The 53 m high tomb built in ad 1006 for Qābus Ibn Voshmgir, Ziyarid ruler and literati, near the ruins of the ancient city of Jorjan in north-east Iran, bears testimony to the cultural exchange between Central Asian nomads and the ancient civilization of Iran. The tower is the only remaining evidence of Jorjan, a former centre of arts and science that was destroyed during the Mongols’ invasion in the 14th and 15th centuries. It is an outstanding and technologically innovative example of Islamic architecture that influenced sacral building in Iran, Anatolia and Central Asia. Built of unglazed fired bricks, the monument’s intricate geometric forms constitute a tapering cylinder with a diameter of 17–15.5 m, topped by a conical brick roof. It illustrates the development of mathematics and science in the Muslim world at the turn of the first millennium AD.
Visible from great distances in the surrounding lowlands near the ancient Ziyarid capital, Jorjan, the 53-metre high Gonbad-e Qābus tower dominates the town laid out around its base in the early 20th century. The tower’s hollow cylindrical shaft of unglazed fired brick tapers up from an intricate geometric plan in the form of a ten pointed star to a conical roof. Two encircling Kufic inscriptions commemorate Qābus Ibn Voshmgir, Ziyarid ruler and literati as its founder in 1006 AD.
The tower is an outstanding example of early Islamic innovative structural design based on geometric formulae which achieved great height in load-bearing brickwork. Its conical roofed form became a prototype for tomb towers and other commemorative towers in the region, representing an architectural cultural exchange between the Central Asian nomads and ancient Iranian civilisation.
Gonbad-e Qābus is a masterpiece and outstanding achievement in early Islamic brick architecture due to the structural and aesthetic qualities of its specific geometry.
The conically roofed form of Gonbad-e Qābus is significant as a prototype for the development of tomb towers in Iran, Anatolia and Central Asia, representing architectural cultural exchange between the Central Asian nomads and ancient Iranian civilisation.
Gonbad-e Qābus is exceptional evidence of the power and quality of the Ziyarid civilisation which dominated a major part of the region during the 10th and 11th centuries. Having been built for an emir who was also a writer, it marked the beginning of a regional cultural tradition of monumental tomb building including for the literati.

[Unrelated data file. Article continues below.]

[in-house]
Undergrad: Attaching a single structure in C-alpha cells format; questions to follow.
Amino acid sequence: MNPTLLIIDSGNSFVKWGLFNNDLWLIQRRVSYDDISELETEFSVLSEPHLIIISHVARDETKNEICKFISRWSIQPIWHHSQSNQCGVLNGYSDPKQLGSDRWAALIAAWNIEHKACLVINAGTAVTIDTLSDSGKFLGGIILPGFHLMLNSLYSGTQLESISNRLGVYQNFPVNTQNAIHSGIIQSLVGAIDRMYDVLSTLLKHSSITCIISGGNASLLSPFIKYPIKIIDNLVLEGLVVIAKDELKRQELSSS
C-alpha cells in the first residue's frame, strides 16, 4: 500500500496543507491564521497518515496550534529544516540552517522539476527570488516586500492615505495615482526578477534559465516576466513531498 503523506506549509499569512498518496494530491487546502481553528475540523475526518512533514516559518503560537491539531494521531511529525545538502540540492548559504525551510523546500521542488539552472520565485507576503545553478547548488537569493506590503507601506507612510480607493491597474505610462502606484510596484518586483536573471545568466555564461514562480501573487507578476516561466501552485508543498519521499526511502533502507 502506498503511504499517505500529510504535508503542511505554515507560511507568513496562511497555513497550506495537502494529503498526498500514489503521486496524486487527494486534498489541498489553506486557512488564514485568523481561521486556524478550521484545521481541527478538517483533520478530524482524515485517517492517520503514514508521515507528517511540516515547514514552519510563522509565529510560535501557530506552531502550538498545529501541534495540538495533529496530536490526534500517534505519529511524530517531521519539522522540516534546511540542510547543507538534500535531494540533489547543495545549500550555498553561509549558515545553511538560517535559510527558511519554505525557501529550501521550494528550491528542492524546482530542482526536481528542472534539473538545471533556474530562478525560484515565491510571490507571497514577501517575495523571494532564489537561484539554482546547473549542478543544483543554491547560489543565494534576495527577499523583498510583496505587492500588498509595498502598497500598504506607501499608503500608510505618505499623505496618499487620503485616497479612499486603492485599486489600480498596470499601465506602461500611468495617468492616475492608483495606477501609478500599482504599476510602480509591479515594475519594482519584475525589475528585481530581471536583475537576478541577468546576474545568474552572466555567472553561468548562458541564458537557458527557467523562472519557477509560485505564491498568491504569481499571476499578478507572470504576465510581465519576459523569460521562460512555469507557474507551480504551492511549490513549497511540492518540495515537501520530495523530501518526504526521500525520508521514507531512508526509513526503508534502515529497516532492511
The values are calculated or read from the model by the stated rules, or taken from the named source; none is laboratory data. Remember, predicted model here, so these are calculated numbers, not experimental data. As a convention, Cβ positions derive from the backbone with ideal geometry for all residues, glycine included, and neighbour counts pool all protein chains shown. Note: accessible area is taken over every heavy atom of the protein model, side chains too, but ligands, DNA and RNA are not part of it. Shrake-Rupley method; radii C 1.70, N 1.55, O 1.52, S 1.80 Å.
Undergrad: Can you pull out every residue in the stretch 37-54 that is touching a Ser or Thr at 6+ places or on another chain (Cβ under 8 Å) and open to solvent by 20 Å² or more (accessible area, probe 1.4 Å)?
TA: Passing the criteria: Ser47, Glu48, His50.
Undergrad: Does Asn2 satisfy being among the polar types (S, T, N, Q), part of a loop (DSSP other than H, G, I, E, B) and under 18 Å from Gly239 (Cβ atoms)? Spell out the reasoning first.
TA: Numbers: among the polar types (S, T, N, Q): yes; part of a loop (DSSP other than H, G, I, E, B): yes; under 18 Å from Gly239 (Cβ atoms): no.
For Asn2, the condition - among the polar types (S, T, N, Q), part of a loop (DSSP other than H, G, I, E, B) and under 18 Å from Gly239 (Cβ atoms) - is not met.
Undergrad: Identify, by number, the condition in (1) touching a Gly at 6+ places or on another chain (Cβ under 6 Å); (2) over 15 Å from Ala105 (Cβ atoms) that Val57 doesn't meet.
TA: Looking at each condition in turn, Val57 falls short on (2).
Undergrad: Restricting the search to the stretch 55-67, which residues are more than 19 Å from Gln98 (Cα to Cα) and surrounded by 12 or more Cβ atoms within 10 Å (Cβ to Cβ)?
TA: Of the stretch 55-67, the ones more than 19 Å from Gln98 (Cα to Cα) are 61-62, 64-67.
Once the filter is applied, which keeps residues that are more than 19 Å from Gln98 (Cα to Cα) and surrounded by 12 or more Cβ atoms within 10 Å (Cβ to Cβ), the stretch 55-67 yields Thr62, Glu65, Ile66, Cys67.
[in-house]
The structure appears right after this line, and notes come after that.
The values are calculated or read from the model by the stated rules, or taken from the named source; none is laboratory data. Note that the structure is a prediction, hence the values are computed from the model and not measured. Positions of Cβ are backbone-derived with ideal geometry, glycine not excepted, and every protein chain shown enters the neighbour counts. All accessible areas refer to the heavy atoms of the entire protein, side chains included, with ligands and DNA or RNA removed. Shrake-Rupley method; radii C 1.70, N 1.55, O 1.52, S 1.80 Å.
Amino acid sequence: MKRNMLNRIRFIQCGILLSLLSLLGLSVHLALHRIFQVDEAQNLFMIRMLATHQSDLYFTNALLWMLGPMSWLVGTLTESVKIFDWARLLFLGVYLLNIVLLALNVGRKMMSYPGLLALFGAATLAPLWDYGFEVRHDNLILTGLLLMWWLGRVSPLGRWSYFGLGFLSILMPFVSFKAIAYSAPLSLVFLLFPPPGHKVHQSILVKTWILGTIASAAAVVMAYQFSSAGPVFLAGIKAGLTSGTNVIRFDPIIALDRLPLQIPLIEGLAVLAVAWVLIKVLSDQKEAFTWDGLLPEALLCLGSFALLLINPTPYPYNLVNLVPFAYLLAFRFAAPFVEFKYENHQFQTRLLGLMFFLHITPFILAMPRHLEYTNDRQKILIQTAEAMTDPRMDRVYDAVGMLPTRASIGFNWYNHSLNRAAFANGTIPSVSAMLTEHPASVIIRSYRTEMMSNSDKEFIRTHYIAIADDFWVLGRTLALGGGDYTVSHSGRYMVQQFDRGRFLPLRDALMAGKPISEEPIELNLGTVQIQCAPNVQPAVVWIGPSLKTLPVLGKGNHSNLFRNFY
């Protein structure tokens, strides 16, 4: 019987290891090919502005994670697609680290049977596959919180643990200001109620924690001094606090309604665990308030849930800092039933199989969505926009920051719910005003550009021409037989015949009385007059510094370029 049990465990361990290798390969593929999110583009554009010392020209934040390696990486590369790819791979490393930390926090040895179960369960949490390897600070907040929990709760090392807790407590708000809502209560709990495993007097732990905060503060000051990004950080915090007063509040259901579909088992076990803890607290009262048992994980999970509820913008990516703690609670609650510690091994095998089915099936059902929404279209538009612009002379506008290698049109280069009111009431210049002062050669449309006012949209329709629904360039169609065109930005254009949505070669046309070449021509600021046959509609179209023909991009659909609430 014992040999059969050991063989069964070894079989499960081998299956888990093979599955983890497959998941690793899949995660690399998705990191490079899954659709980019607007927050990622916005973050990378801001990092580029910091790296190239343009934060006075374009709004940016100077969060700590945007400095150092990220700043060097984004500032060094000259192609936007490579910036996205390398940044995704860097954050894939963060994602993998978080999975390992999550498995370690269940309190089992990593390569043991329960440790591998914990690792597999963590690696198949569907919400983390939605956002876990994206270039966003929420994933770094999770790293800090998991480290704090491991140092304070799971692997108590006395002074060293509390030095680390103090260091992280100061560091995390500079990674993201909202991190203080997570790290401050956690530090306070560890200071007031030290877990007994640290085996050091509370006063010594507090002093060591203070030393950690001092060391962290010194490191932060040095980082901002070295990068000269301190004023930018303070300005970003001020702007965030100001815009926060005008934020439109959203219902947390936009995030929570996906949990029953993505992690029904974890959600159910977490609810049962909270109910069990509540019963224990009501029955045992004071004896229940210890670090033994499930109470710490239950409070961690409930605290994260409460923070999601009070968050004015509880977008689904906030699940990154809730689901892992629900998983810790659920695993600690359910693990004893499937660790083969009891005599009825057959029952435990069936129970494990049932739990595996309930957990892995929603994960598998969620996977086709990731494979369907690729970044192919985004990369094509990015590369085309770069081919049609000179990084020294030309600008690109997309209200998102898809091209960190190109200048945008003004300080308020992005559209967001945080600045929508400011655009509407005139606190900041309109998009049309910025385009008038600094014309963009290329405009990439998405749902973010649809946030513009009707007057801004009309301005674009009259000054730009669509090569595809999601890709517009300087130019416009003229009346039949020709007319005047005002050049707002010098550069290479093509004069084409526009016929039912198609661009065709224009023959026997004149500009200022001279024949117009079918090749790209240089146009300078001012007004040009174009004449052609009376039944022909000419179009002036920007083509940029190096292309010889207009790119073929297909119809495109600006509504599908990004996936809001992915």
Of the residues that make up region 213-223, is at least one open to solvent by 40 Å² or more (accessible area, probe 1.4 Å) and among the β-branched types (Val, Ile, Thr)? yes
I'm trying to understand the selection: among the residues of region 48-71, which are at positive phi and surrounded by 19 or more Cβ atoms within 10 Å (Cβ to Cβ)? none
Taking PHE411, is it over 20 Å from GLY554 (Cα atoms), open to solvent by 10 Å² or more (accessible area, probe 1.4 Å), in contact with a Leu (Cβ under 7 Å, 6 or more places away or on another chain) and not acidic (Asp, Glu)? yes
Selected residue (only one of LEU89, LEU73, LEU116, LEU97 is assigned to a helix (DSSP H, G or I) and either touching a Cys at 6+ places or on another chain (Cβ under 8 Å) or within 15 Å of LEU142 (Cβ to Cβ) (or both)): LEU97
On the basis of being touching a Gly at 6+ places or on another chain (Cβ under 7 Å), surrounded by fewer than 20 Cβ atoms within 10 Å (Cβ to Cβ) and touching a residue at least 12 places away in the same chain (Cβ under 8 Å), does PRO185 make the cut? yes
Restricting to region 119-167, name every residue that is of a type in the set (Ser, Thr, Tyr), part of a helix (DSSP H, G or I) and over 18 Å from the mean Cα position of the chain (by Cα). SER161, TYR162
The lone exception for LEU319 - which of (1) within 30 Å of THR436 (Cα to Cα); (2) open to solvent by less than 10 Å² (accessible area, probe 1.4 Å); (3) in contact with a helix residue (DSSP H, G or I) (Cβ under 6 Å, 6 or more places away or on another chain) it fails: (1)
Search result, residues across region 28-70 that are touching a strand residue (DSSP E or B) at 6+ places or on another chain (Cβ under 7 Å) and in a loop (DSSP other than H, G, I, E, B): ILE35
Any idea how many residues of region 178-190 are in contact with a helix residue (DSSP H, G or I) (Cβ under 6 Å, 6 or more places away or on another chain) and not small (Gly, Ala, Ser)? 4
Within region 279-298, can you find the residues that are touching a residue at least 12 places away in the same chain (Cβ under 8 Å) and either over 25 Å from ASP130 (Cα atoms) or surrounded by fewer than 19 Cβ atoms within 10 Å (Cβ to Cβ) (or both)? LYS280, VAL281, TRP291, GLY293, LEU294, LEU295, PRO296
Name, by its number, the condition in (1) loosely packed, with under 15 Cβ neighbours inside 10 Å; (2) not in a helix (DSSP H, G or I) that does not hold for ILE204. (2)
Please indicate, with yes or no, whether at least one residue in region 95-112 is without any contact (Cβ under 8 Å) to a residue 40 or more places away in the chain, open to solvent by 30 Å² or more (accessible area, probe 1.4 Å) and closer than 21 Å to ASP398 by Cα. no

The monument is an outstanding example of an Islamic commemorative tower whose innovative structural design illustrates the exceptional development of mathematics and science in the Muslim world at the turn of the first millennium AD.
The property expresses its value as an exceptional geometric structure and icon in the small town of Gonbad-e Qābus, clearly visible from many directions. It continues to express features of an Islamic commemorative monument combining traditions of Central Asia and Iran. The exterior flanges and inscription bands are in good condition, but the insertion of the ramp and the design of the retaining wall on the hillside have slightly damaged the form of the mound on which it stands.
The monument retains its form and design, materials, visual dominance in the landscape, and continues as a holy place visited by local people and foreigners, and as a focus for traditional events.
Protection and management requirements
Gonbad-e Qābus is protected under the Law for Protection of National Heritage (1930) and was inscribed on Iran’s list of national monuments in 1975 as number 1097. Regulations pertaining to the property provide that damaging activities are prohibited and any intervention, including archaeological investigation, restoration and works to the site must be approved by the Iranian Cultural Heritage, Handicrafts and Tourism Organisation (ICHHTO). The tomb tower and surrounding area are managed jointly by the Municipality and ICHHTO in accordance with the Master Plan for Gonbad-e Qābus town (1989) and the detailed plan (2009), which aim to preserve the historic and visual characteristics of the city. Protection measures controlling heights in the buffer zone and landscape zone are supported by the Master Plan. The management plan should be extended to include a conservation programme.